Tag Archives: holiday

Thursday, November 28 2013

DIY ideas for the last-minute holiday party

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Not everyone has a special stash of Christmas decor on reserve.

The tree, ornaments, lights and Santa’s nine inflatable reindeer take up valuable space that, in my case, is better used to store my bike safely indoors.

How then, does the urbanite throw a holiday party without holiday adornments? If you can’t convince a friend to host, the answer is through a resourceful use of dollar store paper, bows, bobbles and things you already had kicking around the house.

1. Mason jar genius

When in doubt, put it in a jar! I took dollar store berries and pinecones, plopped them in a Mason jar and sealed the lid. Done and done.

2. Fill-it-yourself ornaments

Customized Christmas ornaments are fantastic. This type comes in a clear set of six and they open up so you can fill them with whatever you want. Here I used ribbon, tinsel, bows and fabric, but the possibilities are endless!

3. Table present

The easiest way to holiday-up your house for a party is to WRAP EVERYTHING! Photos, artwork, the exercise bike and the coffee table (as seen here) dramatically Christmasify a room. And what’s more fun than being surrounded by giant presents? Added bonus: Built-in protection for spilly guests.

4. Oh, JOY!

Letters and words are still popular in decor, especially around Christmas, but wooden block letters are expensive! Circumventing spending extra cash at every opportunity, I made a paper stencil (tracing letters from my laptop screen) and then traced these onto cardboard. After cutting out the letters I wrapped wrapping paper around the face-up side of the letters as if I were upholstering. Using small bits of tape I slowly folded over paper at the back until they were all covered and then mounted them on the wall. Also, JOY is a Christmasy word, yet not exclusively holiday, so you could always reupholster with a neutral paper or fabric and hang in your room year-round.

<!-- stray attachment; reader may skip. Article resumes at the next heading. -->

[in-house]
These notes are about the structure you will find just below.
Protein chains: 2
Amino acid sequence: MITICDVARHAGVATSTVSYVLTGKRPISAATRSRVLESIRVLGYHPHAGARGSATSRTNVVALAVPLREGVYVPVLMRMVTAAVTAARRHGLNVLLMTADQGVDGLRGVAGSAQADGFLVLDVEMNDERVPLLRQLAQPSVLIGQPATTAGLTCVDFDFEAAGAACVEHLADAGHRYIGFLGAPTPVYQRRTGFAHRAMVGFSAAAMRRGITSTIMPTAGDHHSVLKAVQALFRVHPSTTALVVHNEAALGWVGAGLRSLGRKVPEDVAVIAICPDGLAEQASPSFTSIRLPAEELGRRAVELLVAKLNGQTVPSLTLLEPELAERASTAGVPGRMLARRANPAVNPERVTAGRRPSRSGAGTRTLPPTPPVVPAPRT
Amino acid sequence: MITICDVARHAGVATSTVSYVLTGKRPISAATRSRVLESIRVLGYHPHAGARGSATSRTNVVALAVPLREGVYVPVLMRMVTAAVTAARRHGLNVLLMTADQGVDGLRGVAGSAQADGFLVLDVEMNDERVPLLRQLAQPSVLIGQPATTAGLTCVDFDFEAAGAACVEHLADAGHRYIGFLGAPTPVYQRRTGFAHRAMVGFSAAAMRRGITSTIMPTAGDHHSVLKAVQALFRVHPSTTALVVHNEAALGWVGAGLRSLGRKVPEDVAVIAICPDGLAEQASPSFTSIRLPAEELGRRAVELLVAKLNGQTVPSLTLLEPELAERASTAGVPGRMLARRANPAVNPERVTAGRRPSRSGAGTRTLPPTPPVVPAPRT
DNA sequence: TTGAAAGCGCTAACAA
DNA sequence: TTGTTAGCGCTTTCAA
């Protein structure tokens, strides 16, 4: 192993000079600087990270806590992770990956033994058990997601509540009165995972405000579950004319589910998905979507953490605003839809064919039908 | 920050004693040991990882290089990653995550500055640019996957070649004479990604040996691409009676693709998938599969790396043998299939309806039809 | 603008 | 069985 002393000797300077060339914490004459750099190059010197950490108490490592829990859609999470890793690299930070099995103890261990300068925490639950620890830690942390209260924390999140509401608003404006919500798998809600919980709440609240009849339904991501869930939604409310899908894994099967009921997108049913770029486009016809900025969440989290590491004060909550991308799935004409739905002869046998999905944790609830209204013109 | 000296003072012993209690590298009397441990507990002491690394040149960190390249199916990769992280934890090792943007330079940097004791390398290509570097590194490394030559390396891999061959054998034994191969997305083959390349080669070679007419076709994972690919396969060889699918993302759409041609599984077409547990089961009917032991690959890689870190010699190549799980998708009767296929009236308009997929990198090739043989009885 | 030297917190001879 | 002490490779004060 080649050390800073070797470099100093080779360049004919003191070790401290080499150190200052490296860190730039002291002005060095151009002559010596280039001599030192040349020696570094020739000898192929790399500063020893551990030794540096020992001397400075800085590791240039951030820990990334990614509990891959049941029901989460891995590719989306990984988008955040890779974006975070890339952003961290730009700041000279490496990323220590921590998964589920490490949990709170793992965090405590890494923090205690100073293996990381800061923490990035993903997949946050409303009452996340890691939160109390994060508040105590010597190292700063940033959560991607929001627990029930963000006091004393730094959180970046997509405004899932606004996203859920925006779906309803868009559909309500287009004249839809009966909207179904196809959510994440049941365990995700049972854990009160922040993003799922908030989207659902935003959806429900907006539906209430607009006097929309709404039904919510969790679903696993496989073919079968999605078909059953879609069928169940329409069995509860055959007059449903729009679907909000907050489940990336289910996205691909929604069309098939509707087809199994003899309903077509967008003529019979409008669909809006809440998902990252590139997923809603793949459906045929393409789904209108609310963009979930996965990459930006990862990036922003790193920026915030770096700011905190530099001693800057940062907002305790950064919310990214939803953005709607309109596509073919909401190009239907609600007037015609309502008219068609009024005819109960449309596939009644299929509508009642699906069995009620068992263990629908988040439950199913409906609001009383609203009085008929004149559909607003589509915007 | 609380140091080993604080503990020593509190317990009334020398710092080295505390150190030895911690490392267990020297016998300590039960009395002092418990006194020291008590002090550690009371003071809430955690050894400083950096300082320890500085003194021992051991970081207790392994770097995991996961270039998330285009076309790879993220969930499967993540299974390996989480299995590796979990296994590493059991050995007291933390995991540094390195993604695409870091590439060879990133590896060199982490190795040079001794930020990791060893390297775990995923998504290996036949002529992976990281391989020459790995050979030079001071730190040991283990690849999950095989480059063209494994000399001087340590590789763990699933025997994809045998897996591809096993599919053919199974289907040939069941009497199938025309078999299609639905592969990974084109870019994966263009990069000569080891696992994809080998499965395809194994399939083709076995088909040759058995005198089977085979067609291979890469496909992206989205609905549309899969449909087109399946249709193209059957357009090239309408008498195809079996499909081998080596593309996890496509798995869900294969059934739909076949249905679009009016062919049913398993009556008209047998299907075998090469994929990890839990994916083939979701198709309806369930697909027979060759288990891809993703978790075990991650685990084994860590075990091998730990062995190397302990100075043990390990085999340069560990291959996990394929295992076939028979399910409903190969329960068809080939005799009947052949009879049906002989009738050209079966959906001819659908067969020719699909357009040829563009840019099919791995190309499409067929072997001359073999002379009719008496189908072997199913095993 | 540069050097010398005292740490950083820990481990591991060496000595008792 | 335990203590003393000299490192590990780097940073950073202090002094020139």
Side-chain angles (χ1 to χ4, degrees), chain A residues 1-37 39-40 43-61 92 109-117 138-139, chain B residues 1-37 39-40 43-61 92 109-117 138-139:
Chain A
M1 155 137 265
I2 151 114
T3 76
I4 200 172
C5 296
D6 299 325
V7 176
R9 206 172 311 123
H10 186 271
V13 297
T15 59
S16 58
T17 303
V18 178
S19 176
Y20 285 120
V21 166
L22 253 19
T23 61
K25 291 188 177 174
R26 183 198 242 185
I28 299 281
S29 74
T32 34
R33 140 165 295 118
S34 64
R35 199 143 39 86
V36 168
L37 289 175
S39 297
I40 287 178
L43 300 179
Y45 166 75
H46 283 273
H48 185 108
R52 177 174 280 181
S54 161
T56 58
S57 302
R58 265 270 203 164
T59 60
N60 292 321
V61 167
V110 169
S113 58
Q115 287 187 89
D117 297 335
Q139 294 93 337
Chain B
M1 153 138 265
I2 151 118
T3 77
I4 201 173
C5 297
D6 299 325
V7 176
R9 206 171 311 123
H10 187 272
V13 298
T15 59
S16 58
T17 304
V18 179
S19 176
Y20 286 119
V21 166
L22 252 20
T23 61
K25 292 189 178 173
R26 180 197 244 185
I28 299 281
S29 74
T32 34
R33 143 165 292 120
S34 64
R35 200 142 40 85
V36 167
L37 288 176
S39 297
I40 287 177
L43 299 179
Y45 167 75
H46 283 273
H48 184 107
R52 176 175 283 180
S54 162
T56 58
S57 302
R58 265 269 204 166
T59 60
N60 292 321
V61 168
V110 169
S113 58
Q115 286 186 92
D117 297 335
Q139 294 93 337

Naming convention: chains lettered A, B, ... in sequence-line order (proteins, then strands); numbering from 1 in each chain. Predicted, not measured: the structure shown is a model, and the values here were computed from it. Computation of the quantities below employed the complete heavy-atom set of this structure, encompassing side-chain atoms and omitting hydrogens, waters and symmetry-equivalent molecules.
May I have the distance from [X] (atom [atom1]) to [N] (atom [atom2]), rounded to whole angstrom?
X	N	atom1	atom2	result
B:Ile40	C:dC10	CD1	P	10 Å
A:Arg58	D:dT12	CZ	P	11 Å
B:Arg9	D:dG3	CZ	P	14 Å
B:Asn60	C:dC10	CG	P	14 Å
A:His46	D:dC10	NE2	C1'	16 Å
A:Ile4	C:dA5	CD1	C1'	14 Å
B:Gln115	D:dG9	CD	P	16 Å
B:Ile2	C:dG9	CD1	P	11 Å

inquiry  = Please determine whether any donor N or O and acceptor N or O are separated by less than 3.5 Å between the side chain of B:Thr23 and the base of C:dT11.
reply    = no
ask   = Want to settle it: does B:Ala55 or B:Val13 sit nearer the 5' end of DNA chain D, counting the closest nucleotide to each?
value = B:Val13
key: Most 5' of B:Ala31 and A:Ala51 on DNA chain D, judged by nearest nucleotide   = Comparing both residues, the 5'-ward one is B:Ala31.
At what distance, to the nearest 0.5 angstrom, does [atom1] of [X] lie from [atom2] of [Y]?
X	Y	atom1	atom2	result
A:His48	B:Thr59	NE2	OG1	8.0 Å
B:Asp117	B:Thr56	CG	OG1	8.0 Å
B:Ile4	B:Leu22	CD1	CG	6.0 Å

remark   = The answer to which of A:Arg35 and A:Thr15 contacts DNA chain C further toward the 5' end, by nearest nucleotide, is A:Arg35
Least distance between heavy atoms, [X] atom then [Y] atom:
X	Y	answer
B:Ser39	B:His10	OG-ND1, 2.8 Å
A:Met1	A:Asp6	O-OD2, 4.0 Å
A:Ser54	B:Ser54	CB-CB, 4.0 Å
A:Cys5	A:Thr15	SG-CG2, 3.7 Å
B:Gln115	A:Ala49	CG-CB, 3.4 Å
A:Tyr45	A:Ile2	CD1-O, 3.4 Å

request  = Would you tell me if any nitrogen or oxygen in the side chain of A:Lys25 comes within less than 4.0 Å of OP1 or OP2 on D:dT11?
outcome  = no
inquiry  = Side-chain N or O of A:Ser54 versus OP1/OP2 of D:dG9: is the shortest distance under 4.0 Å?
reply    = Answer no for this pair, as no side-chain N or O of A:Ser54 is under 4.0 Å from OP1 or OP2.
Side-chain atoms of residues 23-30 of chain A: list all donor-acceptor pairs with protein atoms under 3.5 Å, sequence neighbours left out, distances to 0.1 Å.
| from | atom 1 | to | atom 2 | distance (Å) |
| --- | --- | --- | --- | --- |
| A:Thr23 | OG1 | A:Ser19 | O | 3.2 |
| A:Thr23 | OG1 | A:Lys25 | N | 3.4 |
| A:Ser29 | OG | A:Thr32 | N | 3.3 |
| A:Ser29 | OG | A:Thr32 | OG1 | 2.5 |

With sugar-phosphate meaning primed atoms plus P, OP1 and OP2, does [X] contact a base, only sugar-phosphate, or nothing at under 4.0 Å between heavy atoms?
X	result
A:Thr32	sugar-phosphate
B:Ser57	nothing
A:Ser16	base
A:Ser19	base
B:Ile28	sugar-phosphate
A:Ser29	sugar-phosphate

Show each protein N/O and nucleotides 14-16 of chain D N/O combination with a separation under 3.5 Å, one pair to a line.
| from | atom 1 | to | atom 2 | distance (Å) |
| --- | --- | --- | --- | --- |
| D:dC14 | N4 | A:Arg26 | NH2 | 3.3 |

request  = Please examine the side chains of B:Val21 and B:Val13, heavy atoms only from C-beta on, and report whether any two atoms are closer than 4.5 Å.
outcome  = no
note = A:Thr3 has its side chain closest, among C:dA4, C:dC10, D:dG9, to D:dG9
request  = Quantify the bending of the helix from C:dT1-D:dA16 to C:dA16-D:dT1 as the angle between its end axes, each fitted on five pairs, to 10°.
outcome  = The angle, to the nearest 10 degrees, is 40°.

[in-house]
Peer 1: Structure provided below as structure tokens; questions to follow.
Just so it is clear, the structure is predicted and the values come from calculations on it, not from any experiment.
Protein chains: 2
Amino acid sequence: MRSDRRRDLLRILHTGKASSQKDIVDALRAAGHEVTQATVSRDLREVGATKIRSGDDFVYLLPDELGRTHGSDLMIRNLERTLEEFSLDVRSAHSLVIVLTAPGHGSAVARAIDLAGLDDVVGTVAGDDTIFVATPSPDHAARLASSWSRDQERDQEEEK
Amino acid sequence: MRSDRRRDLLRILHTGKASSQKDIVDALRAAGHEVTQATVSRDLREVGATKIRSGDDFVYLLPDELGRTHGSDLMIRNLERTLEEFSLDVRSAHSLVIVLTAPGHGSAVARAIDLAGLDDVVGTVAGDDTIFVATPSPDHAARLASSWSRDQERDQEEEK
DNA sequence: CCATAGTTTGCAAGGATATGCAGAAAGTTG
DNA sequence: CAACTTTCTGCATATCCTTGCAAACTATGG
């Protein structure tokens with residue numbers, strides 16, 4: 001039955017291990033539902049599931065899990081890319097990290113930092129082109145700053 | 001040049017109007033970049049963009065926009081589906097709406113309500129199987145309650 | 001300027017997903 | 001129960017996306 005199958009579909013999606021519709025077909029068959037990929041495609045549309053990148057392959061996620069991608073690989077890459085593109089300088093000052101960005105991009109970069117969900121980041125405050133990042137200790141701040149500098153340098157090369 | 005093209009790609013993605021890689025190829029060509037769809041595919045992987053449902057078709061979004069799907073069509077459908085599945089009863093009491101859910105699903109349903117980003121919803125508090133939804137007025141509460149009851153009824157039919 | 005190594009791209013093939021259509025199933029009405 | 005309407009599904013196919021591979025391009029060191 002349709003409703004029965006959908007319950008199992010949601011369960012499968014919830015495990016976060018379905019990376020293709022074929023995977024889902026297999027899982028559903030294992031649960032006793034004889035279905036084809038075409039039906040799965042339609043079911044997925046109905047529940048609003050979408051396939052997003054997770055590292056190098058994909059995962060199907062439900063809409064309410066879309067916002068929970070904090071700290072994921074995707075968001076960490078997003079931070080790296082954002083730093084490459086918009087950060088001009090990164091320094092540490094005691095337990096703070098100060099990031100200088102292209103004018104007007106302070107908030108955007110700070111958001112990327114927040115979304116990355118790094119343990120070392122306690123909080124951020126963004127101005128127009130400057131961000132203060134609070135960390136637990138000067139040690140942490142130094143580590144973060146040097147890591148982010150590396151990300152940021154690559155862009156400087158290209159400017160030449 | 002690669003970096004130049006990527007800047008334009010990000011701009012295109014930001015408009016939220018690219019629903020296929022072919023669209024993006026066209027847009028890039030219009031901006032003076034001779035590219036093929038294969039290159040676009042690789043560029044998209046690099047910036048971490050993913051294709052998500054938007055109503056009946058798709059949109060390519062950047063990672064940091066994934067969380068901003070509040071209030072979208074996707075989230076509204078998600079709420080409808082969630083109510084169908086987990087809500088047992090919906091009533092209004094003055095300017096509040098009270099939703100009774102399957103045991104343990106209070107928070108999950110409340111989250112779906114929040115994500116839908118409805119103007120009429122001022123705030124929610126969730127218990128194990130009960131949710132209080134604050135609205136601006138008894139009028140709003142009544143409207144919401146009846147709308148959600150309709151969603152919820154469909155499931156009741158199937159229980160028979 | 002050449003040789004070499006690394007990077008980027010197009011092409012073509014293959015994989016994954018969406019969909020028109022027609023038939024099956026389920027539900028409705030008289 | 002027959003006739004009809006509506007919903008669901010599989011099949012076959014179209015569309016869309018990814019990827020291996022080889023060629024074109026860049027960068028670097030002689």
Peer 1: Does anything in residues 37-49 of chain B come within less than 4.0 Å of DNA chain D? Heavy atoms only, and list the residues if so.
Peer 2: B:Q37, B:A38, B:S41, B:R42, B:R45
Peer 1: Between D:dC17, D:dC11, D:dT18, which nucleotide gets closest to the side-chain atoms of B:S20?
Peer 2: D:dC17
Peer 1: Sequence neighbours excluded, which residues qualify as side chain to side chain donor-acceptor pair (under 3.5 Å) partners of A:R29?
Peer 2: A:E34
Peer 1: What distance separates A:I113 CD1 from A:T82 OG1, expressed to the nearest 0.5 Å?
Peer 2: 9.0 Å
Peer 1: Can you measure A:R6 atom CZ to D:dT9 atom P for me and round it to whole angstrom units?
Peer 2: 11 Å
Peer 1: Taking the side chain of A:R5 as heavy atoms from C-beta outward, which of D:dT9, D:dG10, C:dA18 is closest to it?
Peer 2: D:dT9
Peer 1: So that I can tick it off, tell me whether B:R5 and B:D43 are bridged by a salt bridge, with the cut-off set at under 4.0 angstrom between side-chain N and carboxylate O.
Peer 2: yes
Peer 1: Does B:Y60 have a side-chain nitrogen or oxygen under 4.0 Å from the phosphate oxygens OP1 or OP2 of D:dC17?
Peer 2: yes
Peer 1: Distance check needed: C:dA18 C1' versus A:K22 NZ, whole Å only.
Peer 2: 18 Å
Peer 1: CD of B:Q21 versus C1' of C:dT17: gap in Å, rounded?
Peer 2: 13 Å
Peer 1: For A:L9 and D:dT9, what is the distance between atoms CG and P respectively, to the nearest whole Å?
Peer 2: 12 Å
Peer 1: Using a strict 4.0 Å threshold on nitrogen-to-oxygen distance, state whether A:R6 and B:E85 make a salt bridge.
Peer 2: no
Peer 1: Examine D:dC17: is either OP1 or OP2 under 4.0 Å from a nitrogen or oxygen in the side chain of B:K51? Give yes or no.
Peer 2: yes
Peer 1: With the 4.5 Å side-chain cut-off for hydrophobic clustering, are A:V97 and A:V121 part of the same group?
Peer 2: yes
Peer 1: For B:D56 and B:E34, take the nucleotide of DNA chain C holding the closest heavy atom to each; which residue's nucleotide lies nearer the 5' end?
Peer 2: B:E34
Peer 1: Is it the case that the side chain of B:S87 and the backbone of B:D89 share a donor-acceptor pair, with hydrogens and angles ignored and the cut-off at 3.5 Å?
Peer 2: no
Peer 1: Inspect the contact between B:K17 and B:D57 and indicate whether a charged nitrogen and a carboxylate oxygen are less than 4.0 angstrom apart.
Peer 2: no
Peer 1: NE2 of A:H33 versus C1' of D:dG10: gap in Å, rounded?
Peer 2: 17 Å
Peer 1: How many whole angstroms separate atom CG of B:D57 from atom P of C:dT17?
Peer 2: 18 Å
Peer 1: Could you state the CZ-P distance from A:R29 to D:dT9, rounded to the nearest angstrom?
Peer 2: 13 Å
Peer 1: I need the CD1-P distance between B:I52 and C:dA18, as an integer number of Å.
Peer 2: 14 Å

Wrapping these tight was tedious, but not too difficult. You may note the ‘Y’ is backwards. I wrapped the whole thing and then realized I did the wrong side. Hopefully only the typographers notice…

5. I like gooooold (serving dishes)

Just add gold. Metallics are a surefire way to inject some holiday, particularly the gilded variety. I purchased gold spray paint ($5 on sale!) and these holiday dishes, (massively discounted to $2 each) and spray-painted them outside. Tip: Spray paint the bottom first, with dishes upside-down. (I did this backwards and got some ugliness on the top rim that I’ll need to sand and repaint). Also, don’t spray too much, too close, too fast, because that’s when you get drips.

6. Faux burlap, real art

This burlap art project was simple. I like the look of black drawings or text on burlap, so I purchased three dollar store frames ($1 each), and burlap scrapbook paper (on sale 4 sheets for $1), cut out pieces to size and scribbled a drawing in black pen. You could also print images on the faux burlap using a computer, or stencil art/text. I left the frames for now but I’ll likely re-paint after the holidays.

7. Mini cup paper lanterns

I first saw this idea from frankieemarilia.com and it was so smart in its simplicity. Find small paper cups, pierce a hole and put them over your LED Christmas lights. Warning, I’m sure electricity professionals would advise against putting anything over a light source, so this may just be good for a holiday party where you’re jazzing things up for a couple hours and you can keep on eye on things.

8. Name that cup

Name tags for glassware is popular, but my parties are still in the plastic cup stage, so I opted for these fuzzy snow-like letters from the dollar store that stick on to name people’s cups.

9. Burlap and candles can mix

If you’re like me and candles are just for show (i.e. not to be lit!), burlap wrapped in anything is a chic way to form a candle centrepiece. I wrapped burlap around a silver candle with some ribbon, but you could wrap berries around the burlap with chord or yarn — tons of options. If you actual want this to be a functioning candle, you could apply the same technique on a Mason jar. Wrap burlap around a Mason jar and then put your candle inside.


Thursday, October 24 2013

Halloween DIY: Jack up the jack-o’-lantern


Whether you’re interested in saving time or fingers, the no-cut pumpkin is becoming Halloween’s most bewitching decor.

If you leave the knife out of it, your creations are limited only to your spooky imagination.